- The Washington Times - Wednesday, April 1, 2020

Michigan Gov. Gretchen Whitmer has asked the federal government for hydroxychloroquine and chloroquine, days after her administration came under criticism for a statewide crackdown on the drugs touted by President Trump for the novel coronavirus.

The request from the Michigan Health and Human Services Department was made after the U.S. Food and Drug Administration (FDA) issued an emergency-use authorization Monday for the drugs, which have long been approved for treating malaria, lupus and rheumatoid arthritis.

“Based on the FDA’s Emergency Use Authorization to allow the use of hydroxychloroquine sulfate and chloroquine phosphate products donated to the Strategic National Stockpile (SNS) for certain patients with COVID-19, we are pursuing a request for hydroxychloroquine/chloroquine from SNS,” said Lynn Sutphin, Michigan HHS spokesperson, in an email.

The request, first reported by the nonprofit Bridge Michigan, came after the state Department of Licensing and Regulatory Affairs warned doctors against prescribing the drugs, citing lack of evidence about their efficacy against COVID-19 and reports of stockpiling, adding that reports of such conduct “may be further investigated for administrative action.”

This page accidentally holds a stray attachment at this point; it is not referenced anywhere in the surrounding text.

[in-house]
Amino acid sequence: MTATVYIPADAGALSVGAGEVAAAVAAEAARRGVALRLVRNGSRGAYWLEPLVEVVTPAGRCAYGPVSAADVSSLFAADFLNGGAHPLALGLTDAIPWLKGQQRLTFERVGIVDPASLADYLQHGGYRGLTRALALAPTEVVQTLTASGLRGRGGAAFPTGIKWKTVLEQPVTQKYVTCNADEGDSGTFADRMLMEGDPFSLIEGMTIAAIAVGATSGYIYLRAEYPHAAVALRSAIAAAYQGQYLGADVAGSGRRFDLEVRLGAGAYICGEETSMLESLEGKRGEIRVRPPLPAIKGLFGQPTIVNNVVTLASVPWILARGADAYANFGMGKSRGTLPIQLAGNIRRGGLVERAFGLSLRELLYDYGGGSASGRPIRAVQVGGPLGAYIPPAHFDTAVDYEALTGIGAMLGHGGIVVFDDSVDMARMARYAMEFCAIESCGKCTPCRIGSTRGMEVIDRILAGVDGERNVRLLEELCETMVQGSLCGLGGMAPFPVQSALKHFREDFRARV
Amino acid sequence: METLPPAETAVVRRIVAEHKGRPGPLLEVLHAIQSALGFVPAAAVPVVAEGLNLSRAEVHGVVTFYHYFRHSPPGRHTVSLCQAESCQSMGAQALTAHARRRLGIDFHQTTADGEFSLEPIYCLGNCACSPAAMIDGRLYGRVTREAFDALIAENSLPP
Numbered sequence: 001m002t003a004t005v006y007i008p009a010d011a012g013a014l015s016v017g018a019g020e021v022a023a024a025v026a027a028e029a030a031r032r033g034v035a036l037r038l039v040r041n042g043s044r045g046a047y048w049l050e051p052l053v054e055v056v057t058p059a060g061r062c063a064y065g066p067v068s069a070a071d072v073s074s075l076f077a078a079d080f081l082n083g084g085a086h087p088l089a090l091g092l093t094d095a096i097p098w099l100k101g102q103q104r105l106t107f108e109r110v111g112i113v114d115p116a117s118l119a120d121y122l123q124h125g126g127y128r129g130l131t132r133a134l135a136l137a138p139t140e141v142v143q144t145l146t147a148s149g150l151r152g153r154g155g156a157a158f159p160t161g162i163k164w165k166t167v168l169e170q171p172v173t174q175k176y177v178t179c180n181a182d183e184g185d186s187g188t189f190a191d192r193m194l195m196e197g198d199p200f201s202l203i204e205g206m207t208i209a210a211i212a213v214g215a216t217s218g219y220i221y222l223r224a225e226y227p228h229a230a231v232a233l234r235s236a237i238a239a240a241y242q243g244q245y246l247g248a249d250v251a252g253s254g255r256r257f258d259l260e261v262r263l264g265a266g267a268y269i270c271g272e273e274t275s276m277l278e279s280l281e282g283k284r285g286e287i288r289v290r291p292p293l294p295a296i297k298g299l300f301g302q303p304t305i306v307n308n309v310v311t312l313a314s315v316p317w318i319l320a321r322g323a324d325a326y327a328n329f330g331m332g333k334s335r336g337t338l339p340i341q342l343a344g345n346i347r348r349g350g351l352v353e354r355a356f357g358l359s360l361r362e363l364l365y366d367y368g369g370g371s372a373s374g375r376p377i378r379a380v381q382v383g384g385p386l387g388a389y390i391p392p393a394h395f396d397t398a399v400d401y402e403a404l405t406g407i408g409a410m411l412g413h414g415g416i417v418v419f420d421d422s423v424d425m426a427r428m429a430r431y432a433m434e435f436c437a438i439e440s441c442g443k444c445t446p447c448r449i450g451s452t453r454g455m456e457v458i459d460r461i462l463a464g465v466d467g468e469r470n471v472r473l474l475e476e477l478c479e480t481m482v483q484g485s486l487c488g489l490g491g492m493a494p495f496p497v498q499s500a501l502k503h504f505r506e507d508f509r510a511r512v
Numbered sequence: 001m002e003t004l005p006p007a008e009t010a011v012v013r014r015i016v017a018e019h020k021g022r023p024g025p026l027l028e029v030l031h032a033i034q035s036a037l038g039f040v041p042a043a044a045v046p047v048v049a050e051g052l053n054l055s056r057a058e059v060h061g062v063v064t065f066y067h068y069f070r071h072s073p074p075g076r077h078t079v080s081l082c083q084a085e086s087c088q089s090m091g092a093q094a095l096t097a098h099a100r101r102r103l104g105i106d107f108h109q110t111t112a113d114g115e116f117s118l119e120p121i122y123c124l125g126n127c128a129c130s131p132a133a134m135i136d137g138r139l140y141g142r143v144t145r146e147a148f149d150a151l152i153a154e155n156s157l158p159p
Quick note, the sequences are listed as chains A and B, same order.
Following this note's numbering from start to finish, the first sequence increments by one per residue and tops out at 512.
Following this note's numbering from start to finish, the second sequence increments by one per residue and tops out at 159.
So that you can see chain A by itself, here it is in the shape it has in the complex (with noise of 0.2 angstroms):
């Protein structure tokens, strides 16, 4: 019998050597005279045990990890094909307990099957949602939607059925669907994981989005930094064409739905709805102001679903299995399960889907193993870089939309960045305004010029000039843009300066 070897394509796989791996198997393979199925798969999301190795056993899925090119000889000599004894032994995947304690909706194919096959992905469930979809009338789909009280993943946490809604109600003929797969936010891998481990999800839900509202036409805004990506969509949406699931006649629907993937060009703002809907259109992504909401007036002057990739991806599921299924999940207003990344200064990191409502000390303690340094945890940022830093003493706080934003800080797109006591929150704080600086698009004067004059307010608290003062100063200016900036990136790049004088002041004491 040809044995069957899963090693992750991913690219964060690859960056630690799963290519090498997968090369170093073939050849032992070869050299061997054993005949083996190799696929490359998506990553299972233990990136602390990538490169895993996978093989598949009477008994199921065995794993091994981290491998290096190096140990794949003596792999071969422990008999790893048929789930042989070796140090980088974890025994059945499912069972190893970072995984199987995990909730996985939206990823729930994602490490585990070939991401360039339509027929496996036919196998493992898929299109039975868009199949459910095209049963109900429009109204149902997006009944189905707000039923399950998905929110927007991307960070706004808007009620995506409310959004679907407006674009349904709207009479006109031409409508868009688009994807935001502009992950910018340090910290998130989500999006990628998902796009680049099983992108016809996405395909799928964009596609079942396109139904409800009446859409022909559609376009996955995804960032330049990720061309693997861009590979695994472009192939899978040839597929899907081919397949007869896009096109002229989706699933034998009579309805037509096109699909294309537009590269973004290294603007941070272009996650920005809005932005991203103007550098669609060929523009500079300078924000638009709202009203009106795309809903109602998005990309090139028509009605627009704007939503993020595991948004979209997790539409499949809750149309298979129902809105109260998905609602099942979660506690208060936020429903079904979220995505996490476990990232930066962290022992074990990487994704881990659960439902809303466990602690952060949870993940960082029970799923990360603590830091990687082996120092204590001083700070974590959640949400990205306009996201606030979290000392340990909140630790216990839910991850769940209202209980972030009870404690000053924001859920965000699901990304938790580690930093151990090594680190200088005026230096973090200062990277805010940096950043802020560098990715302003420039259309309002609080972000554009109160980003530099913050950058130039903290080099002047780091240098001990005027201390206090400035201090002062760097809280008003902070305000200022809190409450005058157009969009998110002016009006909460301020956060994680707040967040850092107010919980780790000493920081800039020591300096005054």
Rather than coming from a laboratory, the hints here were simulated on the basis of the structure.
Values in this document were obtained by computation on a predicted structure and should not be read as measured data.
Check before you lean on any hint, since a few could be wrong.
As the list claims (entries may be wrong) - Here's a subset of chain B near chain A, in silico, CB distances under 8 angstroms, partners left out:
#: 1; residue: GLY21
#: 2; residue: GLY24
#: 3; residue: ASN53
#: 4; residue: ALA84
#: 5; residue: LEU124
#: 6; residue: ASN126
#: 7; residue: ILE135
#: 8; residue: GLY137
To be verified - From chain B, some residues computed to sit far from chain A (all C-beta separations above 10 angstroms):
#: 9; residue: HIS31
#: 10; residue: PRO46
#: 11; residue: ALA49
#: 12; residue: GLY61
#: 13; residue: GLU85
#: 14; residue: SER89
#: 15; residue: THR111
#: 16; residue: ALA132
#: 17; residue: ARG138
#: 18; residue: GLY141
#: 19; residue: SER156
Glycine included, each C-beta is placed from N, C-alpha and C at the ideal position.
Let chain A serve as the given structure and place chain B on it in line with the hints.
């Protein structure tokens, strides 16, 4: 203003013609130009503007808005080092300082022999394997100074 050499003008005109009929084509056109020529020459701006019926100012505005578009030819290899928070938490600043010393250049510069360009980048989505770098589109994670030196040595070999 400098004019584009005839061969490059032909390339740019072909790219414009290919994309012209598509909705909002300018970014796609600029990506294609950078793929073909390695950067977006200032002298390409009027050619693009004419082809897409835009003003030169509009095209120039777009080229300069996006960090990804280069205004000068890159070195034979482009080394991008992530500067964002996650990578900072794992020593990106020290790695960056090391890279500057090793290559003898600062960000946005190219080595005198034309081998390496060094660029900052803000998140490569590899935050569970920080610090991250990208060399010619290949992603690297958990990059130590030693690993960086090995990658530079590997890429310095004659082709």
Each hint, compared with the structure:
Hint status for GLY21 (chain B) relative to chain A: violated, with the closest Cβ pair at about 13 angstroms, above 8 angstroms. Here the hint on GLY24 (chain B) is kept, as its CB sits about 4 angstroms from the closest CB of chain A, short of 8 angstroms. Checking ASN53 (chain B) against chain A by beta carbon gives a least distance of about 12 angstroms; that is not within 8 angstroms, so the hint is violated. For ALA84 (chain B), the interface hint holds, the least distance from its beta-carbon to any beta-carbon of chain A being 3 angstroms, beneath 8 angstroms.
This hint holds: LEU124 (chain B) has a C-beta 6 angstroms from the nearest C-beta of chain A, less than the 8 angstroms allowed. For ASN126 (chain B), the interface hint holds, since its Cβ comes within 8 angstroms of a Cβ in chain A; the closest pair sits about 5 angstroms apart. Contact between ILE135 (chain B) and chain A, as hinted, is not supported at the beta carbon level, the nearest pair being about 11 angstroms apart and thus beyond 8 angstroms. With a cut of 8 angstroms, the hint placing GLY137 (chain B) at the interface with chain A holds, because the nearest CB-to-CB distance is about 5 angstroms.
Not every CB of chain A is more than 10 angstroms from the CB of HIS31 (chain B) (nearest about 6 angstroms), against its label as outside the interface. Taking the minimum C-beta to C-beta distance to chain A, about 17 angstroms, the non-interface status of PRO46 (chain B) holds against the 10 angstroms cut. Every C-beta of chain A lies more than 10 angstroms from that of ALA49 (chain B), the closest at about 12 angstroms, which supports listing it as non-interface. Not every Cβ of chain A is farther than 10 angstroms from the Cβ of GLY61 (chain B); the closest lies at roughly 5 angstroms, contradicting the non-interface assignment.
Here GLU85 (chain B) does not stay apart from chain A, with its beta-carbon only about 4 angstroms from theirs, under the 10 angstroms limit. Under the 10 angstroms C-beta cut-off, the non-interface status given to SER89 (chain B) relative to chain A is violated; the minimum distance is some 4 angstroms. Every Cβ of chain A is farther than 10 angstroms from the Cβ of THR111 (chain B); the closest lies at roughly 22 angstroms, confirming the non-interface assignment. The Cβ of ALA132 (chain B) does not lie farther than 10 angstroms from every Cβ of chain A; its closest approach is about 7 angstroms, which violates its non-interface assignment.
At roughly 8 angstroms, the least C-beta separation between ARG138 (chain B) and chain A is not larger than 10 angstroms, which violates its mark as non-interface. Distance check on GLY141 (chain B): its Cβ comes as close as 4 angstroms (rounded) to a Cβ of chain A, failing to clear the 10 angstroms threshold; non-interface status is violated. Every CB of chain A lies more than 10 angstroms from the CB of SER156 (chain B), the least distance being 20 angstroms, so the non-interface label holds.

Pharmacists were also instructed not to fill prescriptions if they believed they could be used for reasons “other than legitimate medical purposes” or “cause harm to a patient,” adding that medical providers had an obligation to report “inappropriate prescribing practices.”



 

 

 

 

The Trump administration said Monday that it had received 30 million doses of hydroxychloroquine sulfate donated by Sandoz and one million doses of chloroquine phosphate donated by Bayer Pharmaceuticals for the national stockpile of pharmaceuticals and medical supplies.

At a Monday press conference, Ms. Whitmer said her administration needed to be “nimble in this crisis,” adding that “we are continually updating and adjusting as we need to.”

She said she had received “positive feedback” on her guidance from the medical community.

“We want to ensure that doctors have the ability to prescribe these medicines,” Ms. Whitmer said. “We also want to make sure that people who have prescriptions that predated COVID-19 have access to the medication that they need. And so all of the work that we’ve done is trying to strike that balance.”

The Democrat Whitmer has sparred publicly with Mr. Trump during the coronavirus, faulting the federal government for failing to provide enough medical and safety equipment, prompting him to retort last week that “all she does is sit there and blame the federal government.”

As of Wednesday, Michigan had listed 7,615 confirmed cases of COVID-19 and 259 deaths in a state of about 10 million people.

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